Questions of Emphasis

(Jamie Dickson) #1

I’ve been thinking recently about how to have better discussions/disagreements with people. One sort of conversation that often feels circular and fruitless is the “question of emphasis”. Wondering if anyone had any thoughts/advice on how to deal with these?

Example: “the church should promote marriage”, “yes but the church should also affirm the value of single people”, “yes but the church should promote marriage”, “yes but…”

You get the picture

John Piper on Preaching
(Fr. Bill Mouser) #2

Hi, Jamie,

I’d need further examples to know for sure if my “solution” (following shortly) is applicable across all the exemplars you might mention. I should hit some of them, at least.

I’d turn chiefly to the emphases that Holy Writ itself puts on Topic A over against Topic B. Your example is “promoting marriage” over against “affirming the value of single people.” I’m don’t think these are precisely topics of differing emphasis, but at least in this case, I’d agree that debates about the relative weight one merits over the other is a debate I’ve run across for a very long time, at least back to my own university days, 40 years ago!

So, into such a debate I’d raise this question: which of the two might one find Scripture (as a whole - Genesis to Revelation) giving to these agendas? Which of the two - affirming value of single people, promoting marriage - gets a bigger exposure, a heavier emphasis - in Holy Writ?

Even to answer this question could generate a profitable (and, likely, a lively) discussion.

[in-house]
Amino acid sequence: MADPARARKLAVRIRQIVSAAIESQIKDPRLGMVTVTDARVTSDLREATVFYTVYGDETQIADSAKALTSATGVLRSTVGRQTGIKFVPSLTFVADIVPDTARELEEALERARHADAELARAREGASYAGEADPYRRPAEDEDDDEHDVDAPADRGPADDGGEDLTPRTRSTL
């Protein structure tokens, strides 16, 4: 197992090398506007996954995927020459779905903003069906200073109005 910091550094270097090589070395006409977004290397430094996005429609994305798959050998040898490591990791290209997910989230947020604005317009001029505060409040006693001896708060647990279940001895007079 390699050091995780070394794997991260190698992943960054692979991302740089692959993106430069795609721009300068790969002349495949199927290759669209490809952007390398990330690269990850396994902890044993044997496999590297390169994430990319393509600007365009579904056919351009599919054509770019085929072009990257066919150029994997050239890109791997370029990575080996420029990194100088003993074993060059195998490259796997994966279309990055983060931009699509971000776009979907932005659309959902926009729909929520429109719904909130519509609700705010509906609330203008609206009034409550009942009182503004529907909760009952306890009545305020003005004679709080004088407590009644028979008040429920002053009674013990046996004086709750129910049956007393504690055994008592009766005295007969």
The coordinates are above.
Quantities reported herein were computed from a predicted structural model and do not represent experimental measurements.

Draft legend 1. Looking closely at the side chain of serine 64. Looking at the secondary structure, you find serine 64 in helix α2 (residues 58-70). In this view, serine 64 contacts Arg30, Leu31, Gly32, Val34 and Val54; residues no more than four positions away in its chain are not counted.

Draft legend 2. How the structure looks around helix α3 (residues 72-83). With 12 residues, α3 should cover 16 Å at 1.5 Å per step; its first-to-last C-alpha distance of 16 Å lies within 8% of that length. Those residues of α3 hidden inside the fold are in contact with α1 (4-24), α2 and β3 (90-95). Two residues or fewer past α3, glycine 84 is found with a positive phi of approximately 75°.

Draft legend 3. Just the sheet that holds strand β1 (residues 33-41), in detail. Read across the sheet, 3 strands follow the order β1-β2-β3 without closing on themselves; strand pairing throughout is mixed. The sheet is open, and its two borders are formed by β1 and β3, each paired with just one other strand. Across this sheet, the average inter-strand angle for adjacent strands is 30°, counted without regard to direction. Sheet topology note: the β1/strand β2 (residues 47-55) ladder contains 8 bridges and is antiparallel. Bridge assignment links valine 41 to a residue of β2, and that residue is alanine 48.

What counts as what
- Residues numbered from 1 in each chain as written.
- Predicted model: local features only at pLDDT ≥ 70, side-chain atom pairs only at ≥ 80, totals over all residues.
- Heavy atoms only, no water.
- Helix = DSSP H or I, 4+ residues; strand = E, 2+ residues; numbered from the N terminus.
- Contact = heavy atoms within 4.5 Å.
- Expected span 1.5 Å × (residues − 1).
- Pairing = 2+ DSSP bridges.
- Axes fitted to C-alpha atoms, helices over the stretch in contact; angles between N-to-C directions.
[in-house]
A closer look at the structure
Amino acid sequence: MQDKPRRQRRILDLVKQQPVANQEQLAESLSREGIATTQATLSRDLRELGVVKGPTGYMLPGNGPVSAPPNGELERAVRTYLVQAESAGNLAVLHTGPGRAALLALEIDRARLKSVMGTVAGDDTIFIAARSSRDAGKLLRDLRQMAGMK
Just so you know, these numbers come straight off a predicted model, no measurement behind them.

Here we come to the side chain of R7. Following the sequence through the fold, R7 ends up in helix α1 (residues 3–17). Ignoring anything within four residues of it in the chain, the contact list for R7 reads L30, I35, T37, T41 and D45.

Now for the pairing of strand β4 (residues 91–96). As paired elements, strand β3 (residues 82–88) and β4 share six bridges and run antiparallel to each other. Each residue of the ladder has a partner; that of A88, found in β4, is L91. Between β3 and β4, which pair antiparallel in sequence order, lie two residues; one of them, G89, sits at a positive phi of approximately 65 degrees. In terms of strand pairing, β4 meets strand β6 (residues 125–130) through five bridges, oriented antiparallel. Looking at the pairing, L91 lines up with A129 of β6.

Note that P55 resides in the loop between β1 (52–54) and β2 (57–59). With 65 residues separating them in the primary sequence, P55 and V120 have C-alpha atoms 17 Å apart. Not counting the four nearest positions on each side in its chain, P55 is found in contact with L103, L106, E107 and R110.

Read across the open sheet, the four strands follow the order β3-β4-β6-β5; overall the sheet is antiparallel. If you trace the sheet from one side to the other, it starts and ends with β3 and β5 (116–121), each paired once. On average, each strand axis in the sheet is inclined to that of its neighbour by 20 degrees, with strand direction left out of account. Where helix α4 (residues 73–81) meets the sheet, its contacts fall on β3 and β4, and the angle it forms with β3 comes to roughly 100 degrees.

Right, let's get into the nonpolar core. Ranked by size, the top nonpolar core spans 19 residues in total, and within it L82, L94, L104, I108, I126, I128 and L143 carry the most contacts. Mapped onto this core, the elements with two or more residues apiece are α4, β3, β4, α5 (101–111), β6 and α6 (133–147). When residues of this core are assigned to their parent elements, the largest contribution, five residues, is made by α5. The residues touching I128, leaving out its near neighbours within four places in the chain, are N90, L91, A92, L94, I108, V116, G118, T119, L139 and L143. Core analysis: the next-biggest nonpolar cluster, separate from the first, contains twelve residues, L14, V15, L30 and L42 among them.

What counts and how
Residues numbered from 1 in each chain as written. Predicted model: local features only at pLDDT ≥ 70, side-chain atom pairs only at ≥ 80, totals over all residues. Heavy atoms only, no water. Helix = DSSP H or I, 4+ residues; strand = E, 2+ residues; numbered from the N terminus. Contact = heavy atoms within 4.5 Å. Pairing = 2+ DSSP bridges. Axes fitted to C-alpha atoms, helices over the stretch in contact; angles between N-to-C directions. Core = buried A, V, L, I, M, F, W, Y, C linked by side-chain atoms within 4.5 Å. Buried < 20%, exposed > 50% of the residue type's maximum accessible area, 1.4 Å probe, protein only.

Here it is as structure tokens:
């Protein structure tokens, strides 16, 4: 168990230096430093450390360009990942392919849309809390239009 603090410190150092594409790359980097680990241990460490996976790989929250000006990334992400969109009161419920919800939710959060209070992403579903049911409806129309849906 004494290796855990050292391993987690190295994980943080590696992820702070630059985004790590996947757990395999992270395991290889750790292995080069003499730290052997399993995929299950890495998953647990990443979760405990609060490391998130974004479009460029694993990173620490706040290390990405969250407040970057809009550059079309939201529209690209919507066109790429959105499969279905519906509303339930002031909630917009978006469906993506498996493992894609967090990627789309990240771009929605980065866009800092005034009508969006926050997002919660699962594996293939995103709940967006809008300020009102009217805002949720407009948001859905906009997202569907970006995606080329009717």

As you volunteered that you’re in Scotland, I’ll report that from my perspective (broadly evangelical American Protestantism), affirming the value of single people has gotten way more emphasis for the past 40 years than promoting marriage.

As a single seminarian in the 1970s, all the church ministries I visited (including my mother church in a university town) had gigantic “singles ministries.” Sometimes these were sort of inevitable - by far, most university students are single. But so far as I could tell (and I looked!) there was nothing in these churches’ programming aimed at young married couples, much less married couples qua married couples. Maybe there’d be a “marriage enrichment” seminar once in a while. But, that’s it. And, never did I find a ministry where older women were deployed in ministry toward younger wives (or young potential wives) in a way Paul mandates in Titus 2.

So as I hold up Genesis to Revelation in one hand and the usual church ministerial programming in the other hand and compare them, it would appear to me that “affirming the value of single people” is WAY OVEREMPHASIZED and promoting marriages is virtually ignored.

(Lucas Weeks) #3

Who’s doing the emphasizing? In the example you gave regarding marriage and singleness (which is a very common argument in this regard), I’d say we’re probably talking about church leadership. And so, using the wisdom God has given them, those church leaders have decided to focus on marriage or singleness. (Of course, the perception of what is being emphasized may be just as much in the mind of the listener as anything else.) Presumably, it is people who are unhappy with the emphasis who raise the issue in order to complain. In that situation, almost all the time, the complainers need to stop complaining and stop being precious with their own hurts and desires. They may not think a sermon on greed or singleness or lust is what they struggle with, but those who listen humbly and with faith will grow in wisdom and be thankful even when the pastor isn’t giving his attention directly the them.

I think this is why these discussions are usually unhelpful and circular. They are being had with people (maybe between people) whose real problem is their bitterness and selfishness, and so there’s no resolution until those issues are resolved.

Can someone – can church leaders – make mistakes in emphasis? Of course they can. Knowing what the best thing is to say or do is, perhaps, the very definition of wisdom. So it’s not easy. But we must not be selfish. If we’re going to love each other, we need to set aside our own desires and perquisites and consider others as better than ourselves.

(Jesse Tiersma) #4